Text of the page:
Description

    William Henry Harrison Excellent Autograph Letter Signed: The "Log Cabin and Hard Cider" candidate elected President in 1840 writes in 1834, "I would most cheerfully give one third of all the property I have in the world to put an entire Stop to the Manufacture & the sale of ardent Spirits in our Country."

    Signed: "W. H. Harrison", one page, 7.75" x 6.25". North Bend, May 20, 1834. To Rufus Hodges. In full: "Dear Sir, Your friendly letter of the 17th was delivered to me last evening. The state of my business will not permit me to attend the Meeting of your Society on Friday next to perform the honourable part which has been assigned to me in the contemplated proceedings. I assure you however that you do me justice in supposing that I am an ardent friend to the cause of temperance. I would most cheerfully give one third of all the property I have in the world to put an entire Stop to the Manufacture & the sale of ardent Spirits in our Country. The Societies which have been established have done & will no doubt continue to do much good it is however to the Legislature we must look for measures that will be competent to eradicate the evil. I will most heartily unite in any attempt that may be made upon that body to induce them to act promptly and effectively in the matter. With great respect I am, Dr Sir, your Huml Servt"

    During the Indian wars of 1794, 23-year-old Lieutenant William H. Harrison, aide-de-camp to General Anthony Wayne, observed, firsthand, numerous murders and other crimes committed by drunken Indians. As Territorial Governor of Indiana and Superintendent of Indian Affairs (1800-1813), Harrison persuaded his legislature to ban the sale or trade of liquor to Indians.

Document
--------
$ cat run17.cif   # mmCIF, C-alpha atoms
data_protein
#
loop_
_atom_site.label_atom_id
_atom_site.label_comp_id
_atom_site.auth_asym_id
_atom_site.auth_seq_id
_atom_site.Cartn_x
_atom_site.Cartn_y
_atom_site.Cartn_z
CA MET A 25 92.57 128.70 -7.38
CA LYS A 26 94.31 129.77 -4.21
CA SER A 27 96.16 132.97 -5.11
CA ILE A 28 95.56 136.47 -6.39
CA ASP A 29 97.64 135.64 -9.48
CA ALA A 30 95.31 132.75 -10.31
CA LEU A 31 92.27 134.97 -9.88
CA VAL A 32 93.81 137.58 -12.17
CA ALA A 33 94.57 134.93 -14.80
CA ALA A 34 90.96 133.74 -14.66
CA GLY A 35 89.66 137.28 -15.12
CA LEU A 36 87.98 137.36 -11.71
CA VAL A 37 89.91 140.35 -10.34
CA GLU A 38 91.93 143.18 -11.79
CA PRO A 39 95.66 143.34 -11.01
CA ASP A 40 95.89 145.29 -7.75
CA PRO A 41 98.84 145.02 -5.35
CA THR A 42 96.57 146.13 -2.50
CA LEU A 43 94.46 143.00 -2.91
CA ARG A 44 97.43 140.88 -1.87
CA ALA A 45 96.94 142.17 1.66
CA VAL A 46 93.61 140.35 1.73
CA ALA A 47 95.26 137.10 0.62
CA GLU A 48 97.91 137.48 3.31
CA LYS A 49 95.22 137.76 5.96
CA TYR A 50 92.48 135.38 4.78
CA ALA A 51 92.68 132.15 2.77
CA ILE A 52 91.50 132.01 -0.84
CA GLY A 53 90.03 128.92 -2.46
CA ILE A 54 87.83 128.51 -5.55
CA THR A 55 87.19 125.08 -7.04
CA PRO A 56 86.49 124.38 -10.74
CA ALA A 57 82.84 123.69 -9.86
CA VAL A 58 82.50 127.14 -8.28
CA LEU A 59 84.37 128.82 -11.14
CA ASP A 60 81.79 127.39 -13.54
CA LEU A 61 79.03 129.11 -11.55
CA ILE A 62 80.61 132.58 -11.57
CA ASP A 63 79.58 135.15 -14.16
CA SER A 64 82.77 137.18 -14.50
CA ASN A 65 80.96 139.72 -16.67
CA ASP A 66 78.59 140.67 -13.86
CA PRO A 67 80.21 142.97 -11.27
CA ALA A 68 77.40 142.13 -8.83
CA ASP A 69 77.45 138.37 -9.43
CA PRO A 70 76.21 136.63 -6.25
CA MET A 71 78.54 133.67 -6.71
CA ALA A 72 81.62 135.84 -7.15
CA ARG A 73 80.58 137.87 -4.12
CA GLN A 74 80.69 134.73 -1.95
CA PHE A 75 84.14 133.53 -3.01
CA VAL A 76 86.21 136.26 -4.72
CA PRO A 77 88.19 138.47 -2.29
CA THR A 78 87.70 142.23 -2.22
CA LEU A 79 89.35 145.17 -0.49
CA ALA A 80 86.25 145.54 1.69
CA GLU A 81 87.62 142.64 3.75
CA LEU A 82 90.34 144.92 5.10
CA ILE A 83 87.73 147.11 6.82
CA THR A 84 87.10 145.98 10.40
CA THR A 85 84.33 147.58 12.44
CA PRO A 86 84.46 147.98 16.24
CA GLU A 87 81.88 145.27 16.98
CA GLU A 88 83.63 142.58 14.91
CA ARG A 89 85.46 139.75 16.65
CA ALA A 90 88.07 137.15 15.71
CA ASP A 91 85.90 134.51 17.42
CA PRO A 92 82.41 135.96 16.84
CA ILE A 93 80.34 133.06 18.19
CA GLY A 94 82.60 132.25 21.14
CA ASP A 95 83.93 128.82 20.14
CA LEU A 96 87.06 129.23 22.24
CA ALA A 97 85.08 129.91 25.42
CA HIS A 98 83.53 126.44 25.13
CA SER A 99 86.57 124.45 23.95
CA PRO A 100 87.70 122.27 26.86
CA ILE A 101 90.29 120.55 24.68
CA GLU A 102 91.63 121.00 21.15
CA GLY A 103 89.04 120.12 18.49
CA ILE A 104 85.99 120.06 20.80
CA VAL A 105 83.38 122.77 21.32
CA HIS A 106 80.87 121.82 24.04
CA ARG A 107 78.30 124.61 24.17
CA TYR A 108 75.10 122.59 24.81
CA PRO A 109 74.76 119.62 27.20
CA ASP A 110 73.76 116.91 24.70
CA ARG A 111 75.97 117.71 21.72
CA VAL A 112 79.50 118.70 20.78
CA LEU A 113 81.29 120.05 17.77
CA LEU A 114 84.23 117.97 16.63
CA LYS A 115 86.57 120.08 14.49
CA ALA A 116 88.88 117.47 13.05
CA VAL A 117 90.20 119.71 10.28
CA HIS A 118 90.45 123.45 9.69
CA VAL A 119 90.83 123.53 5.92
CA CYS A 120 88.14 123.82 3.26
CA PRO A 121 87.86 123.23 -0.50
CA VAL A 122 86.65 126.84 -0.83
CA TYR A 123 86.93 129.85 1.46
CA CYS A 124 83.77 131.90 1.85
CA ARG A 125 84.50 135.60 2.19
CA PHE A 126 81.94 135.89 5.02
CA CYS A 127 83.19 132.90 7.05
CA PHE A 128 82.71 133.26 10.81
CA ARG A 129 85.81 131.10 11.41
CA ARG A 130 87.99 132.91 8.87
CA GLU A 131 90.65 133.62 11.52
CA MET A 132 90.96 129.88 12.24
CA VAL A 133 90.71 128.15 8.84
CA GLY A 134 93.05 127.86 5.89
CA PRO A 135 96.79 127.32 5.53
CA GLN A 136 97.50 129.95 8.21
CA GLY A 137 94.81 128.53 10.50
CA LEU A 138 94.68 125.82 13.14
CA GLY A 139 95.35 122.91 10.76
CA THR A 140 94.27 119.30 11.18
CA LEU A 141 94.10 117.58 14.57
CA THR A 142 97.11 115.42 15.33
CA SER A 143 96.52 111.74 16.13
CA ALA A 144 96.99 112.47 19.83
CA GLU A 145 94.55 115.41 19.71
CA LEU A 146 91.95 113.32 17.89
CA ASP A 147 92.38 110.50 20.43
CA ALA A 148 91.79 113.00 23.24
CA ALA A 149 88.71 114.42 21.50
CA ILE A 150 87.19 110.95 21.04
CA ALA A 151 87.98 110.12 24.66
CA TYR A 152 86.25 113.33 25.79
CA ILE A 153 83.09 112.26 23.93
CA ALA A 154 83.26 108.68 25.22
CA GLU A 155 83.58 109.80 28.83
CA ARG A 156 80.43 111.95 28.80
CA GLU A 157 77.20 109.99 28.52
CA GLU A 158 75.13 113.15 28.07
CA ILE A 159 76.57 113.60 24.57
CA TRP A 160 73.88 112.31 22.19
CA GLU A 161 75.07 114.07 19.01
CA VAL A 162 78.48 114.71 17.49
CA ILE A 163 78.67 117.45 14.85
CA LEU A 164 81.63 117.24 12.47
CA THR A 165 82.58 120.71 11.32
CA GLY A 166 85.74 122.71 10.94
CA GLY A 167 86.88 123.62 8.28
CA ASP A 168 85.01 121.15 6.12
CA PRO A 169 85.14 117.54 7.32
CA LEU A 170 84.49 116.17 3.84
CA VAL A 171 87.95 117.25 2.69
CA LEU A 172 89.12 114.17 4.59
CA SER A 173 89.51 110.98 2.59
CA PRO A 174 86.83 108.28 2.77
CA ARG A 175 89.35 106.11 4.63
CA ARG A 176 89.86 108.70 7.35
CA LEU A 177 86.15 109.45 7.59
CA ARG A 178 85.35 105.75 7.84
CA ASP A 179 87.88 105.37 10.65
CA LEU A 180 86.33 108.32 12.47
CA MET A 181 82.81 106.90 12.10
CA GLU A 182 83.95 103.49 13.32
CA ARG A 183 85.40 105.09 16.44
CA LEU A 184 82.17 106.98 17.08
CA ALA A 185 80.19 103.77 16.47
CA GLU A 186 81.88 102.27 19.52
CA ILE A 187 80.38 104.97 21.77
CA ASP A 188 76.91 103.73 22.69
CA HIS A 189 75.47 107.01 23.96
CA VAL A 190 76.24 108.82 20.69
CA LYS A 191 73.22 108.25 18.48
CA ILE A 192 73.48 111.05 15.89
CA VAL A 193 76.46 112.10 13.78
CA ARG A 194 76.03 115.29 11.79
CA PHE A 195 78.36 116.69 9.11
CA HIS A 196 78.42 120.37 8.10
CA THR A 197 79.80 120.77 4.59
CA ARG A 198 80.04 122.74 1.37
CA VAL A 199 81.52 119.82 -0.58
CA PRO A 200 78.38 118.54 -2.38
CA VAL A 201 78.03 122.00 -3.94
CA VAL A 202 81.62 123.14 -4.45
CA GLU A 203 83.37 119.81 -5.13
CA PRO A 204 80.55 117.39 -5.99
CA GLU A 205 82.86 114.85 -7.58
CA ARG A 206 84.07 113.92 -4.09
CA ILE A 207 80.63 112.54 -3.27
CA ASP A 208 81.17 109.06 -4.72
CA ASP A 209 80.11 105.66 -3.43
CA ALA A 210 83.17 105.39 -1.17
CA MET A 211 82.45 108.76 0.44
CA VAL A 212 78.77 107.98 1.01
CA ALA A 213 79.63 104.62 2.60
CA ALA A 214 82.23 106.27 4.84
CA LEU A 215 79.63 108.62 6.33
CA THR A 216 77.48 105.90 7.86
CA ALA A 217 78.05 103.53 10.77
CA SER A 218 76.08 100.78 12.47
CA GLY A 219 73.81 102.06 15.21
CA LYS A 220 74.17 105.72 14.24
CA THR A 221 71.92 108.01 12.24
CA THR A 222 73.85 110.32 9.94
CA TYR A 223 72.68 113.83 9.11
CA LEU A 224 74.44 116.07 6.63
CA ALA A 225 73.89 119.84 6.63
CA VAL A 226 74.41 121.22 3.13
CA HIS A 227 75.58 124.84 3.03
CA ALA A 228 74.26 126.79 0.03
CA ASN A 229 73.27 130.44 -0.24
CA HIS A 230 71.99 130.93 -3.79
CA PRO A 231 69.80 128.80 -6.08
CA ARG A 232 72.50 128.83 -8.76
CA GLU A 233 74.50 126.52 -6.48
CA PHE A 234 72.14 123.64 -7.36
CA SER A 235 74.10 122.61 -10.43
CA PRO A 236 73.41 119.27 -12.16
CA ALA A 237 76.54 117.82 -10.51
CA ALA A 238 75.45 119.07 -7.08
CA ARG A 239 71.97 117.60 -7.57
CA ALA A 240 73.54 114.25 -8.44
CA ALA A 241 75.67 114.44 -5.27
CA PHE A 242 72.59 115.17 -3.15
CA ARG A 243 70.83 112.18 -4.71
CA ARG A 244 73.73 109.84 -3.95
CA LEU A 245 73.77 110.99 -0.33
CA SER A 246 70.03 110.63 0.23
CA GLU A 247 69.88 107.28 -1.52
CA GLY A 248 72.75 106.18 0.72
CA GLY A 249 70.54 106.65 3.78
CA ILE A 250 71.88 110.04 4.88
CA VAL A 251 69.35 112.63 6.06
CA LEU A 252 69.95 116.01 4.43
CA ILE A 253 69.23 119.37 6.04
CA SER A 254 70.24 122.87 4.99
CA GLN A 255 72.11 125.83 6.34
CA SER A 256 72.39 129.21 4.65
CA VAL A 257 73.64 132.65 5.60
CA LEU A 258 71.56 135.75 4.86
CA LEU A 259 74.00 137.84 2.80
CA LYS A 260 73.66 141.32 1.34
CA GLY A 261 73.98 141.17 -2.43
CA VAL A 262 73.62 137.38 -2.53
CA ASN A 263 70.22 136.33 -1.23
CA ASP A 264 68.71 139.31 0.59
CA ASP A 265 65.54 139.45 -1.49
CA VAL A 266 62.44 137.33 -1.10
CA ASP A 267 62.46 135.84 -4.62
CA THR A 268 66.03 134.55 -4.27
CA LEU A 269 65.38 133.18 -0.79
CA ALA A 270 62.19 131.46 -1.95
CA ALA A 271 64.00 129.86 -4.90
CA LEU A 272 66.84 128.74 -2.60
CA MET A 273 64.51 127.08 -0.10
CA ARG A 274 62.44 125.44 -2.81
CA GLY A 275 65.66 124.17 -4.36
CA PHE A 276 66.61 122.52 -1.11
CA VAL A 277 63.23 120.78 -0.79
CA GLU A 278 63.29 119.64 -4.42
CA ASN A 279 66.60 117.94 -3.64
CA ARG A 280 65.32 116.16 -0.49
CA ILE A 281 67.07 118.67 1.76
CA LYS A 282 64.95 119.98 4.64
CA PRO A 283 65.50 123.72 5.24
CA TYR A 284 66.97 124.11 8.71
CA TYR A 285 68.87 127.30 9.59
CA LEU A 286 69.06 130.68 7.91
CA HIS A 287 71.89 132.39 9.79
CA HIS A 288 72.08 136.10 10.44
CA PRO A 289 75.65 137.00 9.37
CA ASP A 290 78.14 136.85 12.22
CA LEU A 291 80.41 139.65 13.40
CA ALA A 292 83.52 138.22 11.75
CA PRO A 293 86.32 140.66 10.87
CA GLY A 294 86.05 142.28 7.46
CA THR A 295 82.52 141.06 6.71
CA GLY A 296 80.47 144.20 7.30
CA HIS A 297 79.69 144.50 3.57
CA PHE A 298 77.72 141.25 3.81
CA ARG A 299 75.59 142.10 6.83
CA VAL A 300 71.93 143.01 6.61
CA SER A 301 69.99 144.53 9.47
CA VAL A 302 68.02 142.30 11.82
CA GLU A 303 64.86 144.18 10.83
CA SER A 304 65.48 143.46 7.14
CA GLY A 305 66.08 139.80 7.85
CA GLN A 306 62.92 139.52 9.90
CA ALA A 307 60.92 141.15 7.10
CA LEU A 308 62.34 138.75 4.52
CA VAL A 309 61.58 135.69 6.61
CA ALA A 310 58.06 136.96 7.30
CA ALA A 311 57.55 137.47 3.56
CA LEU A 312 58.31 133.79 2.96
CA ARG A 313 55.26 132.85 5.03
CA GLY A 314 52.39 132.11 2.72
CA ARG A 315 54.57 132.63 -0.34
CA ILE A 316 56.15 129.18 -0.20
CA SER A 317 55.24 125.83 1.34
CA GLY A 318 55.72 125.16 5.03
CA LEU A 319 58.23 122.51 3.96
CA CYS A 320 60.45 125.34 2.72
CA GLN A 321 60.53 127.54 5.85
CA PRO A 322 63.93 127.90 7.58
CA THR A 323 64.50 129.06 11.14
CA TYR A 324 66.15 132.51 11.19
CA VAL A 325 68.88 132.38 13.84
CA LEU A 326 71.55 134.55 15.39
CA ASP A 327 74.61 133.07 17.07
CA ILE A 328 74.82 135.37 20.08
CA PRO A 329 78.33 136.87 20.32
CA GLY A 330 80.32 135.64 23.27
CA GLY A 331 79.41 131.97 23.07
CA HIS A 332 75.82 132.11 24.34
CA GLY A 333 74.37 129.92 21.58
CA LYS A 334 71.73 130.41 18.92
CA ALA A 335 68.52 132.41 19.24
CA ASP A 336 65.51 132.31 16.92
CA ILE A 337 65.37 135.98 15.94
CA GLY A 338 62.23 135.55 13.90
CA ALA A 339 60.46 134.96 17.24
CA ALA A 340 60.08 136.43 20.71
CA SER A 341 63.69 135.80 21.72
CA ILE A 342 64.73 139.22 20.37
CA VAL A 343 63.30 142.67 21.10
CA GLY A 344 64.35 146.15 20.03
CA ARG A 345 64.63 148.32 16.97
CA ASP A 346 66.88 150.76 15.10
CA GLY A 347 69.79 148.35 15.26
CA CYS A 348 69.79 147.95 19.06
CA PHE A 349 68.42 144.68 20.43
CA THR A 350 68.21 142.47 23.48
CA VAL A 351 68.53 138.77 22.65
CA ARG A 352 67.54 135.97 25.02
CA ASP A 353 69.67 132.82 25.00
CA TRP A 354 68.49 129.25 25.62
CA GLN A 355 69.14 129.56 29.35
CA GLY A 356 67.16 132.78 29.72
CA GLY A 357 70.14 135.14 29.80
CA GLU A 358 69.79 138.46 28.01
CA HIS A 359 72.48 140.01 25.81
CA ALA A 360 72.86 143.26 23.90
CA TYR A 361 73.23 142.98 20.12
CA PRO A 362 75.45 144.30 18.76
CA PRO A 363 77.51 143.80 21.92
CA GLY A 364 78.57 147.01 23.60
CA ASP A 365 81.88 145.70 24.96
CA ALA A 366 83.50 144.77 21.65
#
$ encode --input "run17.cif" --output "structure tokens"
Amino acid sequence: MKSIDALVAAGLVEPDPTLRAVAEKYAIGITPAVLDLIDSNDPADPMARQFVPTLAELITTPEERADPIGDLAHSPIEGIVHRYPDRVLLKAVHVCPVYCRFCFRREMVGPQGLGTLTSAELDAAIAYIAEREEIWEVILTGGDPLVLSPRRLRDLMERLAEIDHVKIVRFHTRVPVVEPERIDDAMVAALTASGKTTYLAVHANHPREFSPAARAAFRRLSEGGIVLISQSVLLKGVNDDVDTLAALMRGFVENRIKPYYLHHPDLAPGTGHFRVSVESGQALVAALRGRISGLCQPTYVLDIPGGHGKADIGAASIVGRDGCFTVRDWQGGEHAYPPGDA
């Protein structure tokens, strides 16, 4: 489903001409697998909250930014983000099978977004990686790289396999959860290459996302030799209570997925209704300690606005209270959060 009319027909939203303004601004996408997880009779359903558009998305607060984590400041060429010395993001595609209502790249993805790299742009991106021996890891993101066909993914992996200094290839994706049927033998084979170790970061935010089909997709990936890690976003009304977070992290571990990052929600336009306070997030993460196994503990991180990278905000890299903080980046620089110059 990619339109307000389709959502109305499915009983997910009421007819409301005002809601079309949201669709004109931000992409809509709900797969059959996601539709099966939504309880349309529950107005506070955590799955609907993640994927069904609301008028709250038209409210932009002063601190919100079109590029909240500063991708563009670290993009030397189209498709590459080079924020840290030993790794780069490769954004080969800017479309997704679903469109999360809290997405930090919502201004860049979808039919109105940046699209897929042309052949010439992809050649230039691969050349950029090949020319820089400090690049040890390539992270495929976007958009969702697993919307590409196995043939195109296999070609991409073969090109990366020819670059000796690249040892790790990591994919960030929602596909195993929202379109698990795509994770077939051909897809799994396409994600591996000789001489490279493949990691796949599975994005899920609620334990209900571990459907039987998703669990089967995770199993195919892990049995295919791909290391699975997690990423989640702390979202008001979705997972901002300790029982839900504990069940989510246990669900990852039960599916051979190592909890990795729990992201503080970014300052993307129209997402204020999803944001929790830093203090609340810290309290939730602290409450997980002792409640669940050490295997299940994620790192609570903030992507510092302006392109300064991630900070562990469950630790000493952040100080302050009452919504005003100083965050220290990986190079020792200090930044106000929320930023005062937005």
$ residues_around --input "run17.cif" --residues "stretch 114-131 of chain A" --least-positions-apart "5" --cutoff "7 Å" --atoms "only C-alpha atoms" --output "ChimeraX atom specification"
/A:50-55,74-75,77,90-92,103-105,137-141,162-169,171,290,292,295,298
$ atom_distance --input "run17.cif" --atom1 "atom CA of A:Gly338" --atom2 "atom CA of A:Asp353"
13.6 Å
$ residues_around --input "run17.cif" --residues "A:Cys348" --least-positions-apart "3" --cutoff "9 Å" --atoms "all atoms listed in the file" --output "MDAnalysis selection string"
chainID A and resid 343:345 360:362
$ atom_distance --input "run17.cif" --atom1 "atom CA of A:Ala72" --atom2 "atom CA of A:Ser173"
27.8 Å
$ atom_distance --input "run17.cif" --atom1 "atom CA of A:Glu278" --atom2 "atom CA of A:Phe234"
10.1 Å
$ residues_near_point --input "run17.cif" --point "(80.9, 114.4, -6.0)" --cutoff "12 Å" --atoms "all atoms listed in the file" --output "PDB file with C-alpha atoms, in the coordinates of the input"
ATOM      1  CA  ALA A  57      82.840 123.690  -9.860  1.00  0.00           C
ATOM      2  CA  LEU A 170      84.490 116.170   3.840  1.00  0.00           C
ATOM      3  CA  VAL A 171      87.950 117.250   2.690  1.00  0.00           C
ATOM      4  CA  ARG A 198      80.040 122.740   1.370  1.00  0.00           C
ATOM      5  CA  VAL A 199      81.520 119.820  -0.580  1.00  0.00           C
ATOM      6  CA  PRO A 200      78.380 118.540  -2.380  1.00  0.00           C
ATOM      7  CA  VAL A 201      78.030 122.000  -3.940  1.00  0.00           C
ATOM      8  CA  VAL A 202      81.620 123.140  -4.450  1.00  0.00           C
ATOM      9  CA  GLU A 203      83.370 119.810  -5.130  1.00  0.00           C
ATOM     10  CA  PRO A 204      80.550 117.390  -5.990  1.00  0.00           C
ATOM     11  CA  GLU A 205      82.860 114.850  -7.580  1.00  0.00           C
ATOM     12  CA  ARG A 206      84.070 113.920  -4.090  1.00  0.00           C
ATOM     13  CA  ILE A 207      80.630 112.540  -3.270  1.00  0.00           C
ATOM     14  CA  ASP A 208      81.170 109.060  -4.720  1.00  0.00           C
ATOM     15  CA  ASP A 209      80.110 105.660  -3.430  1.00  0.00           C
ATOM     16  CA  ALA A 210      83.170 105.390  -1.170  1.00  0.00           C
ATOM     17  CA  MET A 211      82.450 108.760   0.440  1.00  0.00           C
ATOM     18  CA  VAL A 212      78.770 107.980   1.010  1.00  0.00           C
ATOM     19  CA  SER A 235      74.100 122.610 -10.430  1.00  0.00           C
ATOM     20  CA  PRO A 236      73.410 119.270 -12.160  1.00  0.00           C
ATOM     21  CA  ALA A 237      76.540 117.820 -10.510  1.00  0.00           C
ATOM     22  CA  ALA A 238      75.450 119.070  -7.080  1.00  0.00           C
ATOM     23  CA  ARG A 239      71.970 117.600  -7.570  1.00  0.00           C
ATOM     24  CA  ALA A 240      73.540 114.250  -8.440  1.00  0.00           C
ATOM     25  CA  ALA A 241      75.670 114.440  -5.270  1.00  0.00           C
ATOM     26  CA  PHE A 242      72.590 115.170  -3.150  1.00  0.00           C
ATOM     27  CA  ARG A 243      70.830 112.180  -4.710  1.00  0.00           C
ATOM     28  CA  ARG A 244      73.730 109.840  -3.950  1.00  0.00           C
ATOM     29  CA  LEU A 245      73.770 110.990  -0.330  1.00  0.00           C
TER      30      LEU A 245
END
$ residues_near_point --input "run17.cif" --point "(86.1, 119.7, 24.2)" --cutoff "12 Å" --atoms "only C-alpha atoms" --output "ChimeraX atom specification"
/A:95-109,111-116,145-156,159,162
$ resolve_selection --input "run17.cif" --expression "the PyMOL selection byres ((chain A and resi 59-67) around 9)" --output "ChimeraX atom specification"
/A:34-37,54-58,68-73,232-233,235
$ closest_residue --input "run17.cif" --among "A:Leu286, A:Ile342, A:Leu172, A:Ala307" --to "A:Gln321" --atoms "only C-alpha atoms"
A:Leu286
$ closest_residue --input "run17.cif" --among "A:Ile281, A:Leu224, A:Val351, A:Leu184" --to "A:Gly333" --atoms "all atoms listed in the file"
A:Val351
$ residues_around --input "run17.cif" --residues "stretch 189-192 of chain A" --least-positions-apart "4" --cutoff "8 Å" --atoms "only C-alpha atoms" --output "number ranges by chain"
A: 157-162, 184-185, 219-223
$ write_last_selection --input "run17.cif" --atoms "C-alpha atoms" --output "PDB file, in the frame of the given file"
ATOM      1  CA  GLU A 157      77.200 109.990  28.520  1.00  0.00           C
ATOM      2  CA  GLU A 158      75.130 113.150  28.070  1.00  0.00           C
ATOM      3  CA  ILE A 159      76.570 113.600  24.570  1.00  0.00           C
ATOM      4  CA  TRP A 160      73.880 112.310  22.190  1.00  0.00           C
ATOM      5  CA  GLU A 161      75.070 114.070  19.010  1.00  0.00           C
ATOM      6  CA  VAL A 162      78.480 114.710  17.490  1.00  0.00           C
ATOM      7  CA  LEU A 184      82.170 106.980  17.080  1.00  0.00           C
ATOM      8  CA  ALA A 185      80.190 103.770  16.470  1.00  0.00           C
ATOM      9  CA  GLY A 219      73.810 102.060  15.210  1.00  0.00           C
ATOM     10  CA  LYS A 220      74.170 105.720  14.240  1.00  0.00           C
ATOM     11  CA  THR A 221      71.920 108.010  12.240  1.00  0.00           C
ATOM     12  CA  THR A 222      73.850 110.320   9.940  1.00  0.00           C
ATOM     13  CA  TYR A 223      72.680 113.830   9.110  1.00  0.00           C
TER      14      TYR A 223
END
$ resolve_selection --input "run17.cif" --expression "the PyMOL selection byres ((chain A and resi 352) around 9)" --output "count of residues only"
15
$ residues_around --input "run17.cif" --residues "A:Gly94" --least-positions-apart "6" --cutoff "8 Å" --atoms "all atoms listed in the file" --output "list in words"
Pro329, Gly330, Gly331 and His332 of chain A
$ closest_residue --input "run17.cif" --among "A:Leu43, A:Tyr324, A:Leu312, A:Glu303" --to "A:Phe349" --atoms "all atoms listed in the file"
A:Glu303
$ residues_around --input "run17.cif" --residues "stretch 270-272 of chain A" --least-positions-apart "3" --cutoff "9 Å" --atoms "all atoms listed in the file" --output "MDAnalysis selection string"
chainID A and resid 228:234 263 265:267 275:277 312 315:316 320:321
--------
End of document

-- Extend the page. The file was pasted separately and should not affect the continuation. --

Rufus Hodges was the Recording Secretary of the Hamilton County Temperance Society which had been organized in 1833 as an auxiliary to the Ohio State Temperance Society formed in 1821. By 1835, over one million Americans belonged to temperance societies. After President Harrison's death, with the permission of the Harrison family, a committee of 11 men, including Rufus Hodges, arrived in Washington, D.C., and accompanied Harrison's body to its final resting place in North Bend, Ohio.

    Harrison's belief that "it is to the Legislature we must look for measures that will be competent to eradicate the evil" was temporarily successful. From the late 1830s to the 1850s, Ohio and other state legislatures across the country passed prohibition laws but they were vetoed by the governors, found unconstitutional by the state supreme courts or repealed by future state legislatures.

    On December 14, 1835, a year and a half after Harrison wrote this letter, at a state convention in Harrisburg, Pennsylvania, the Whigs nominated Harrison for President, and, in the next few months, other Whig state conventions followed suit. But New England Whigs nominated Massachusetts Senator Daniel Webster and, in the south, Tennessee Senator Hugh L. White and North Carolina Senator Willie P. Mangum received nominations. In the election of 1836, President Jackson's Vice President, Democrat Martin Van Buren, easily defeated his three Whig opponents, winning 170 electoral votes and 15 states, to Harrison's 73 votes from seven states, White's 26 votes from Tennessee and Georgia, Webster's 14 votes from Massachusetts and Mangum's 11 votes from South Carolina.